Consider using a drift bobber to keep your offering in the strike zone longer when confronted with a slow drift or where a long distance cast is required. The flip side is bobbers are less effective for reaching a bottom-hugging steelhead in situations having variable depth and fast current because they fish a fixed depth and impart drag.

Always note specific habitat features where steelhead are hooked such as proximity to cover, water depth, current patterns and bottom type. Trust me on this one: over time, specific patterns will develop. What’s important might not be a specific depth or velocity, rather a depth or velocity relative to what’s available. Likewise, it might not be a certain type of cover, but where a fish resides proximate to cover.

I like to watch a fly fisher work the water. Despite casual appearance, they are not merely watching their Purple Peril swing ethereally in the current. Good fly fishers have a specific method of casting and approaches designed to methodically and thoroughly cover a holding area for steelhead.

Fishing from a boat creates a whole new set of challenges, including the need to maintain proper speed and depth of your offering, whether casting or trolling. For example, casting towards the shoreline from a boat requires you manage differences in depth and velocity between the boat and the shoreline, i.e., water gets deeper and swifter as you move away from the shoreline. Also, water velocity is higher at the water’s surface than near the streambed. Something as simple as changing the angle of your cast, adding weight or playing out line can put you in the strike zone.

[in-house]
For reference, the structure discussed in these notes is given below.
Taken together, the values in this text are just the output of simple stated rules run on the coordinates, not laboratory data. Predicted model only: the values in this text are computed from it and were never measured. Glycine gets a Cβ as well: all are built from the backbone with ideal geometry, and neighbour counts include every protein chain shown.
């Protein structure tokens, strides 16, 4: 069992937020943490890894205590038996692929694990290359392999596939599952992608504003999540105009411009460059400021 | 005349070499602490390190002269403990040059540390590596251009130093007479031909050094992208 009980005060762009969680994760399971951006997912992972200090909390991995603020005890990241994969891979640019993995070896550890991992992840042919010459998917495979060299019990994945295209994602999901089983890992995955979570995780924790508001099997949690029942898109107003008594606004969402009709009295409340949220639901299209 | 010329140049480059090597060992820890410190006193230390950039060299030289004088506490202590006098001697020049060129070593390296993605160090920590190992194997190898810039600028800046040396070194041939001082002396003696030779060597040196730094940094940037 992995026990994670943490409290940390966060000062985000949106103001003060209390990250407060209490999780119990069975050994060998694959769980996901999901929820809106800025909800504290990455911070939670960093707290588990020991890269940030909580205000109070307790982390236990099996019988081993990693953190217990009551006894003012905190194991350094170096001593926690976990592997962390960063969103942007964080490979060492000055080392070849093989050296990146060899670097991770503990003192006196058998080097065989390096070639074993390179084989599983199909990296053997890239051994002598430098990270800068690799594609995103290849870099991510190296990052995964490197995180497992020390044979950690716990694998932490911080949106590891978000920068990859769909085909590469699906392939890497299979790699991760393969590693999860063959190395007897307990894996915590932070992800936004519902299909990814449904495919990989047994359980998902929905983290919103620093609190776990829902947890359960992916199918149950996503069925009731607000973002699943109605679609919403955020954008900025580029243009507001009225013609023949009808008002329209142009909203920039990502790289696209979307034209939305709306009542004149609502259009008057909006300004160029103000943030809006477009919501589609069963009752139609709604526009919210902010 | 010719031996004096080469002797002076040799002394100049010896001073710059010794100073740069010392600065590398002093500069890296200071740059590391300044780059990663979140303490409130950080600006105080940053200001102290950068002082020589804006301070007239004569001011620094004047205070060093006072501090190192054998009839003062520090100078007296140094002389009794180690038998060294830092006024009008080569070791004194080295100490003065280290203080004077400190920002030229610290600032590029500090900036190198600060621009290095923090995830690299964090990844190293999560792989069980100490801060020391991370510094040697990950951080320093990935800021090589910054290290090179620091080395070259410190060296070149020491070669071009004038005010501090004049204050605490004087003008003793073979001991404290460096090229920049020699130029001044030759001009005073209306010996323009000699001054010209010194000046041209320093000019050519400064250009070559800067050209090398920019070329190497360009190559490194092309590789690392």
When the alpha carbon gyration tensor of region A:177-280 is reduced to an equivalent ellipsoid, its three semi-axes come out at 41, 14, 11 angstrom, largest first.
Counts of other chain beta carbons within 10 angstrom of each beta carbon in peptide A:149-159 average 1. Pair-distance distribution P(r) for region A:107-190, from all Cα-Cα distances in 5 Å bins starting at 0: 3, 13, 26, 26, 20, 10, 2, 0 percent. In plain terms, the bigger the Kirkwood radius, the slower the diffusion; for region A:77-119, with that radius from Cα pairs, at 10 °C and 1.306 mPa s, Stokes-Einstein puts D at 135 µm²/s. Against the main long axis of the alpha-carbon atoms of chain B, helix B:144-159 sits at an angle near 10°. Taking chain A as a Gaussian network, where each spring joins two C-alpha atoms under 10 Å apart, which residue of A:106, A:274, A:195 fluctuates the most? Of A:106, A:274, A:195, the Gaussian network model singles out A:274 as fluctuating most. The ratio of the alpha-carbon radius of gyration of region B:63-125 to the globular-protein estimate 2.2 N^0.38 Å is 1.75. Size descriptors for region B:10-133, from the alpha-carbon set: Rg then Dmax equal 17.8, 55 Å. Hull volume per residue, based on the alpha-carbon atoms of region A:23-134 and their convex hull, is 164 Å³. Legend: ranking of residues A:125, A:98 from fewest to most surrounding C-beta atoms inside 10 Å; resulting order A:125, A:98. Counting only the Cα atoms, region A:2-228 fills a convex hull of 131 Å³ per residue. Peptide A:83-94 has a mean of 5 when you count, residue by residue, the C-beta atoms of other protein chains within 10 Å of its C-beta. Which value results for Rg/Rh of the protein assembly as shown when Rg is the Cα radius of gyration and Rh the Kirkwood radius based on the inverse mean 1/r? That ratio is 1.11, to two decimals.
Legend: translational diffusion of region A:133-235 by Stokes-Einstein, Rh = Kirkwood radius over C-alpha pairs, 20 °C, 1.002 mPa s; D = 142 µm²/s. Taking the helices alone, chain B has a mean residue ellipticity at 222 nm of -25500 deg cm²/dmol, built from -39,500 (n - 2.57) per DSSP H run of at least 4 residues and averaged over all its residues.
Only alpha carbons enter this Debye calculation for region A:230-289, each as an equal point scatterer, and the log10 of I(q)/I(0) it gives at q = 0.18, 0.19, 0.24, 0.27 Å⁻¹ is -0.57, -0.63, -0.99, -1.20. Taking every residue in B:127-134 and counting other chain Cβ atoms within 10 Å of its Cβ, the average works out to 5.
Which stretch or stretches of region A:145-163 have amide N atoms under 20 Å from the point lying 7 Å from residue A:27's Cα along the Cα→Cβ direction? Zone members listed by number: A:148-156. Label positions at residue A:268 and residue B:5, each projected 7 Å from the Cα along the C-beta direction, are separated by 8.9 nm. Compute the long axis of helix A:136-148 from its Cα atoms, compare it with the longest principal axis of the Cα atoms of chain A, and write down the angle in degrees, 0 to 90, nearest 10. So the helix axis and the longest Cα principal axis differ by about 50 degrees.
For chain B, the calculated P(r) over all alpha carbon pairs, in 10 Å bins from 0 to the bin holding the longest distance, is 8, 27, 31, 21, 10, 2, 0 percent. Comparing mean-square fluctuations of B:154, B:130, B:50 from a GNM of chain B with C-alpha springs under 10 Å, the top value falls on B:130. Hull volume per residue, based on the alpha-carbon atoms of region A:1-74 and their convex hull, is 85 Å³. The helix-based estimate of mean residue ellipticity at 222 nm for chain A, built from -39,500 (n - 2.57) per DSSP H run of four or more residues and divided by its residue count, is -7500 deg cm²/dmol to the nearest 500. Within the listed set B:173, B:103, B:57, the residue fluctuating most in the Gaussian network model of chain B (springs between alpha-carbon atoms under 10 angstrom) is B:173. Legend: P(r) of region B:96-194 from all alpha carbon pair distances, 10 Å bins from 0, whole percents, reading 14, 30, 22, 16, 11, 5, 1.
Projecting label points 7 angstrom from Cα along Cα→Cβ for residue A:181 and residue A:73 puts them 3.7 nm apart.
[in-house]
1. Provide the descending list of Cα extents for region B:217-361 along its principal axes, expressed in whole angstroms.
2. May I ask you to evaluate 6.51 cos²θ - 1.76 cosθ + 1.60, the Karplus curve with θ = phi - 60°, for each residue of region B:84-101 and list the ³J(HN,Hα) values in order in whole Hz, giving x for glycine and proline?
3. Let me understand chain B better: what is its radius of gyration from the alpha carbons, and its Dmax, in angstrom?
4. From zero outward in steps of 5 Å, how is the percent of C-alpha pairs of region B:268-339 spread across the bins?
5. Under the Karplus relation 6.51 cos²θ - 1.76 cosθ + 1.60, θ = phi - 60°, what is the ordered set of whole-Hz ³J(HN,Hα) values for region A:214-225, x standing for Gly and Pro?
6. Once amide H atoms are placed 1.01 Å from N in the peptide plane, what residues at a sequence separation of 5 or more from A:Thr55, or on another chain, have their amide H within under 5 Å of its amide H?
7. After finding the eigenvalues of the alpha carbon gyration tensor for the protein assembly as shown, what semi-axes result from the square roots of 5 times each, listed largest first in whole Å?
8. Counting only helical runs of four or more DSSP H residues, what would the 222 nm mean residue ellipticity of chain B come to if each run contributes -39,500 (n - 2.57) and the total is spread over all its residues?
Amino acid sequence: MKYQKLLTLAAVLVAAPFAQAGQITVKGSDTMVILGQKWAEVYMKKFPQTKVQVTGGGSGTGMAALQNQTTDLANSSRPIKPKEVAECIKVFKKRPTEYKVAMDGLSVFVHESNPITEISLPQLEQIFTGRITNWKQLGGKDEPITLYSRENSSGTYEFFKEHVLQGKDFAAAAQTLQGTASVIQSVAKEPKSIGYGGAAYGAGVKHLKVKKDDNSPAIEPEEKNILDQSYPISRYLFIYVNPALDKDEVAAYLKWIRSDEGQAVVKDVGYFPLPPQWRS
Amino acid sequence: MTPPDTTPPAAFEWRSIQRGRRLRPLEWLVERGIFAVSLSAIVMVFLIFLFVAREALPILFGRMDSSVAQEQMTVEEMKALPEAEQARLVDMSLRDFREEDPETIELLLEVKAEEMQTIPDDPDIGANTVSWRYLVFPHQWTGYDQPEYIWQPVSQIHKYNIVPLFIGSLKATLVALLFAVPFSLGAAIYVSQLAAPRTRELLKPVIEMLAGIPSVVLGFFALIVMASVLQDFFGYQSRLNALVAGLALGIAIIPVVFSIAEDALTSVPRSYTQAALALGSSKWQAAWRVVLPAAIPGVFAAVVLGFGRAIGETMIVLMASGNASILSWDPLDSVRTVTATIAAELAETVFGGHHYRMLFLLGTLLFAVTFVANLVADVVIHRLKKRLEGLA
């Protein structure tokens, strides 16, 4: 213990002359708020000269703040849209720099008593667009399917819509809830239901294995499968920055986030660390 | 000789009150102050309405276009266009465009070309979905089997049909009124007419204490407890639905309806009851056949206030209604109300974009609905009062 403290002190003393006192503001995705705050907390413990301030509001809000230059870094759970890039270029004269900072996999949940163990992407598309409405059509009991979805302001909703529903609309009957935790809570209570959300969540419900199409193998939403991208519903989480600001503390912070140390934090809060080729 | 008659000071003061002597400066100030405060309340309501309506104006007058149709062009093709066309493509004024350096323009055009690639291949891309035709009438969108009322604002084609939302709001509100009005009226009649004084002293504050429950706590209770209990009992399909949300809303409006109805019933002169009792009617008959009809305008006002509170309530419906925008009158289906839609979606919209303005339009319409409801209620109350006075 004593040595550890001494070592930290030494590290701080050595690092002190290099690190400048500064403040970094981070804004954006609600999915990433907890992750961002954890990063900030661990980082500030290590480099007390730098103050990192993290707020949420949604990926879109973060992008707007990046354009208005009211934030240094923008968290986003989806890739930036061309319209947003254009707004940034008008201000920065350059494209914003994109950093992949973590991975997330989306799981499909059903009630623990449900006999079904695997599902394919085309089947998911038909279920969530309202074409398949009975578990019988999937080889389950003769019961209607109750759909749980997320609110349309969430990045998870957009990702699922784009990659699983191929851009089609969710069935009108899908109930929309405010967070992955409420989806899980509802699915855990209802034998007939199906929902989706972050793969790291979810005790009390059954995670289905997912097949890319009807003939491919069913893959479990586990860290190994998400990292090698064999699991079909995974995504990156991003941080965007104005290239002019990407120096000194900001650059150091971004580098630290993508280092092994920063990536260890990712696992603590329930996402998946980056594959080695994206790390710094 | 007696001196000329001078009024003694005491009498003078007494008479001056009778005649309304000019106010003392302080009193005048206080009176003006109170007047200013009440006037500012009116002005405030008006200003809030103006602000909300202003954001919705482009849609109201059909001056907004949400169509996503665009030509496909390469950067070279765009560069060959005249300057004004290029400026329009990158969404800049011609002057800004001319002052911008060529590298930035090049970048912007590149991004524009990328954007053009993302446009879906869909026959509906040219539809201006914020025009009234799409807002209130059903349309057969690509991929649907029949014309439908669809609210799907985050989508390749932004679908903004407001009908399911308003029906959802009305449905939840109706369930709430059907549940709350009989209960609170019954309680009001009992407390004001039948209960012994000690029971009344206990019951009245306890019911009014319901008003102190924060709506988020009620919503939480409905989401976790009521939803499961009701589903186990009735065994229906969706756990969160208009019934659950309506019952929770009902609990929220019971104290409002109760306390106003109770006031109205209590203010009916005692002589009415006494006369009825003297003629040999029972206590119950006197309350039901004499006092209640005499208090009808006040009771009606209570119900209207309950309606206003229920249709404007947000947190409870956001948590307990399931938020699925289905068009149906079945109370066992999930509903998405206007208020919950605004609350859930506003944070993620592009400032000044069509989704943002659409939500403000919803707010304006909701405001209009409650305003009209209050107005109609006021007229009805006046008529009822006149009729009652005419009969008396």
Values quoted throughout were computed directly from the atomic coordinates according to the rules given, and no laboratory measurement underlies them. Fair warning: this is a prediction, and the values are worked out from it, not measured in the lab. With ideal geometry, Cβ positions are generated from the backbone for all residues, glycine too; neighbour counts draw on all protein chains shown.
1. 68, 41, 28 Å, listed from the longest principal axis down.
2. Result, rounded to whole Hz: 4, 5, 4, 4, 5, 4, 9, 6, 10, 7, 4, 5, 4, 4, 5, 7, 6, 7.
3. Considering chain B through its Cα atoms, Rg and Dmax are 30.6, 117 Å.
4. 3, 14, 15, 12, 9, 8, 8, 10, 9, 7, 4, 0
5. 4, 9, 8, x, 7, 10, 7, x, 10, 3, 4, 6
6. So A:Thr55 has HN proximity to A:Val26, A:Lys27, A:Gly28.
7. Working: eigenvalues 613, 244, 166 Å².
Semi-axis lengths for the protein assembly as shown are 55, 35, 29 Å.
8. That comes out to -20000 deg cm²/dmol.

It’s also important to match the type and size of lure to work the desired depth. For example, a Magnum Wiggle Wart programmed to dive up to 15 feet is likely to bang the bottom in a shallow tailout. Switch to a smaller Wart to fish more effectively. Similarly, a #3 Vibrax or Mepps spinner may not sink to the bottom if you troll or drift downstream faster than the current. It may be less likely to get hung up, but if you ain’t banging the bottom, you ain’t getting in front of the average steelhead. Add a split shot or go to a larger blade spinner or spoon to generate results.

Another Half-Baked Theory?

When it comes to steelhead, you will catch more fish once you figure out how to maximize your encounters. The math part of the equation is elementary. First, learn all you can about the migratory patterns of steelhead in your favorite stream. Second, figure out their preferred habitats, by fishing often and by careful observation (In other words, don’t count on others to share all details). Finally, rely on a range of methods and gear to get your lure on the bottom and in front of a steelhead’s nose as often as possible.

Dennis Dauble is the author of the award-winning “Fishes of the Columbia Basin” and “The Barbless Hook”.